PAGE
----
Morgan v Marquis: 2 Nov 1853

The defendants had possession of some flour for sale under instructions from Perrin. The jury found that the sale was to be for the account of Perrin and one Shute and not Perrin alone, and that Perrin and Shute were joint tenants. Perrin committed an act of bankruptcy. The defendants afterwards sold the flour. Perrin was petitioned in and adjudicated bankrupt. The assignees in bankruptcy brought an action to recover the proceeds of the sale.
Held: The action could not succeed: ‘The defendants sold the goods in question after the bankruptcy by the direction of Shute; and I am of opinion that they were justified in so doing, since they had the authority of the solvent partner, who had a right to deal with the property as his own.’ (Parke) ‘Shute, the solvent partner, directed the defendants to sell the flour. Now it is clear that one tenant in common may dispose of the common property; and therefore, when the flour was sold by the defendants, it was properly sold so far as Shute was concerned. Then the effect of the bankruptcy was to render the assignees tenants in common of the goods with Shute. But it is well established that one tenant in common cannot maintain an action against his companion, unless there has been a destruction of the particular chattel or something equivalent to it. That being so, the defendants are not wrong doers, for they have acted under lawful authority. The case of Fox v. Hanbury (Cowp. 445), which was followed by Smith v Stokes (1 East, 363), Smith v. Oriell (1 East. 368), Harvey v. Crickett (5 M. and Selw. 336), and Woodbridge v. Swann (4 B. and Ad. 633) decided that, after an act of bankruptcy committed by one of two partners, the solvent partner is capable of disposing of the partnership property.’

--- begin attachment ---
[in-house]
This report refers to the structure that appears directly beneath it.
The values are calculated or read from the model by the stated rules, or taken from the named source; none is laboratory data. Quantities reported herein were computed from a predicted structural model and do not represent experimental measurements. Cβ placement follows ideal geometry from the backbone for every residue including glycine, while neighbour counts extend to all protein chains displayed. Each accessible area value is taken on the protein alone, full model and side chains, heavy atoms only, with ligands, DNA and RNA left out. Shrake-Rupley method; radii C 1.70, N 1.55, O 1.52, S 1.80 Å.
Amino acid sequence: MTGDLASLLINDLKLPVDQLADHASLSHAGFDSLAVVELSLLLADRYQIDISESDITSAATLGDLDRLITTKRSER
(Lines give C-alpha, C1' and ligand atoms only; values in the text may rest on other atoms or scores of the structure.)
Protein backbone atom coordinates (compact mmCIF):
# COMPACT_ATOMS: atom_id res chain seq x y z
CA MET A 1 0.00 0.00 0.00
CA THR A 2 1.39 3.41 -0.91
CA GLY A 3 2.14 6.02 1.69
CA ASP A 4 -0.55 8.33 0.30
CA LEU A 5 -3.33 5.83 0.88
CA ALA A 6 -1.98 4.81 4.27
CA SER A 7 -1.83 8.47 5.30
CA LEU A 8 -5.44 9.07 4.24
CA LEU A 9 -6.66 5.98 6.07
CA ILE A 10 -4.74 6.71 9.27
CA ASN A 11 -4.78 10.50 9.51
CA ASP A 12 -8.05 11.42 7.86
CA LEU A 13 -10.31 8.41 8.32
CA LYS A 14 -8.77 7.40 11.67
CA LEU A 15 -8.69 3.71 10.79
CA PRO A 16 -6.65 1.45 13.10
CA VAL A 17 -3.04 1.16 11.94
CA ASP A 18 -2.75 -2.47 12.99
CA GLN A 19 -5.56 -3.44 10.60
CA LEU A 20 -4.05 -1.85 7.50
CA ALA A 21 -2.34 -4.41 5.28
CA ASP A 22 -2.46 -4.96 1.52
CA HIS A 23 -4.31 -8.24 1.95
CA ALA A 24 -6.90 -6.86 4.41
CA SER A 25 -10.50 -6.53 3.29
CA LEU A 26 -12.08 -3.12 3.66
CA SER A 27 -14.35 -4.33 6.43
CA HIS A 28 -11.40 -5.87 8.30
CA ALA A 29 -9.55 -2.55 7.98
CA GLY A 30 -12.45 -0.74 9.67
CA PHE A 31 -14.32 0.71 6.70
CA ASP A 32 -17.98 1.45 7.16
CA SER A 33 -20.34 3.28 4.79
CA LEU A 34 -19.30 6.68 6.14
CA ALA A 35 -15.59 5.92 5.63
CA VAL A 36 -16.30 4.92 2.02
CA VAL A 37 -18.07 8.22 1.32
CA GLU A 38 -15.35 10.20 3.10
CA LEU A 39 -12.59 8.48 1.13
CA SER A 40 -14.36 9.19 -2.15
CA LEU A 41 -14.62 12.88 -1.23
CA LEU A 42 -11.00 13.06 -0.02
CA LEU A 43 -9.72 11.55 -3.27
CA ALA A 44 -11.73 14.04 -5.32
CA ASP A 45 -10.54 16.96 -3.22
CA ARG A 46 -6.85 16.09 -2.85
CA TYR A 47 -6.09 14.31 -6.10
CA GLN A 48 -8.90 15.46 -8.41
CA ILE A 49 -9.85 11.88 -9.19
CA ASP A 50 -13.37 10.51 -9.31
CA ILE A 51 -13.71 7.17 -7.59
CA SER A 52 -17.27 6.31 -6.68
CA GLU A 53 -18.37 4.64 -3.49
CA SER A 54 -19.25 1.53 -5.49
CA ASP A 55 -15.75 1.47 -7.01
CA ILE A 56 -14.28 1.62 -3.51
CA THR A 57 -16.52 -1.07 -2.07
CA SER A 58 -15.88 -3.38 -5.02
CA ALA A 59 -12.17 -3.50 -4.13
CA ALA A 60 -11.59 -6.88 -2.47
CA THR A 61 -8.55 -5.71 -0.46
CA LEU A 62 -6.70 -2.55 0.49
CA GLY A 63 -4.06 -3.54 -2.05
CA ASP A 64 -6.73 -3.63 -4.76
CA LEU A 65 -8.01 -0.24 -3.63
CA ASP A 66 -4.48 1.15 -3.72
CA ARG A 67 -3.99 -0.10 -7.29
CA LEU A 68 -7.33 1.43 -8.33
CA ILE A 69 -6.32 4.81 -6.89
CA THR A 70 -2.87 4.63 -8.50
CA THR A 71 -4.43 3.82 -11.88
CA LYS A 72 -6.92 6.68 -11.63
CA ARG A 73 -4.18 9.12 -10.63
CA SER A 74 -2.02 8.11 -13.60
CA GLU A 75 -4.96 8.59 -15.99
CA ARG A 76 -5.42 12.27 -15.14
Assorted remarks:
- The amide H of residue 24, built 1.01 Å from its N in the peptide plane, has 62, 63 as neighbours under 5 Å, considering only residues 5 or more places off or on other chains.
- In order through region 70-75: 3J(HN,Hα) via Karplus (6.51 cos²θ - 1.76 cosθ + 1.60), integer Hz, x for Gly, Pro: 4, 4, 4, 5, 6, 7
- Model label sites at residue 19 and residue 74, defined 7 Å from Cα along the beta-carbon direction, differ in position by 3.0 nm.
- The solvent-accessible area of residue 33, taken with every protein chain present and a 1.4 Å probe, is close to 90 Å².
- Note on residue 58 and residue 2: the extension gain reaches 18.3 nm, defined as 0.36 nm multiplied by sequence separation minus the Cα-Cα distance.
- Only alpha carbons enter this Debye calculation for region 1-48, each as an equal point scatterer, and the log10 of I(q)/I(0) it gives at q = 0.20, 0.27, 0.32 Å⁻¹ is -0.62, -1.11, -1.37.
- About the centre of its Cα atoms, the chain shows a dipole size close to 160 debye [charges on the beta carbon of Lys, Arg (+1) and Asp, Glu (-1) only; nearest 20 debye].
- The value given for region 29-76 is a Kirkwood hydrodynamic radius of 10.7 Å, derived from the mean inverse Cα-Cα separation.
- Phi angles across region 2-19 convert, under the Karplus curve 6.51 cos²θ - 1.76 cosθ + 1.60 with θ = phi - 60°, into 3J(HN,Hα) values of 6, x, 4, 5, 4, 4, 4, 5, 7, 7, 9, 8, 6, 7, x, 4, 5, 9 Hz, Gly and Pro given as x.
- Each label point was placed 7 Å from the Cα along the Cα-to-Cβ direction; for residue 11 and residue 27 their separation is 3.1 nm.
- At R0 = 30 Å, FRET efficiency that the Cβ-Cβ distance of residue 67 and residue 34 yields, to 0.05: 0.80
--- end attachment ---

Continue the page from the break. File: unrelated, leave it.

Baron Parke dealt with the capacity of one tenant in common to maintain an action in conversion against his companions, and said that such an action was not maintainable unless there has been destruction of the particular chattel or something equivalent to its destruction.


Pollock CB, Parke B


(1853) 9 Exch 144, [1853] EngR 887, (1853) 9 Exch 145, (1853) 156 ER 62, (1853) 9 Exchequer 145




England and Wales


CitedFox v Hanbury 1776
One of two partners committed an act of bankruptcy. The solvent partner later disposed of partnership property to the defendant. A commission was afterwards issued against the bankrupt partner, and the plaintiffs as assignees under the commission . .
CitedSmith v Stokes 1801
After a bankruptcy goods belonging to his partnership were received by the defendant Stokes. The commission in bankruptcy then issued. His partner died and his will was proved by Stokes and another. The assignees under the commission then brought an . .
MentionedSmith v Oriell 1801
. .

Cited by:

CitedRe Dennis (A Bankrupt) CA 22-May-1995
A joint tenancy was severed (under the former law) on the event of an act of bankruptcy, and not only by the later actual adjudication of bankruptcy. The vesting of the debtor’s property in the trustee which occurred on adjudication was automatic; . .
CitedRegina v Bonner and Others CACD 24-Feb-1970
The appellants challenged their convictions for theft, saying that as partners in a firm they could not be convicted of theft of partnership property.
Held: The appeals were allowed for the unsatisfactory and unsafe nature of the convictions . .
Lists of cited by and citing cases may be incomplete.

Insolvency, Trusts

Updated: 05 December 2022; Ref: scu.566422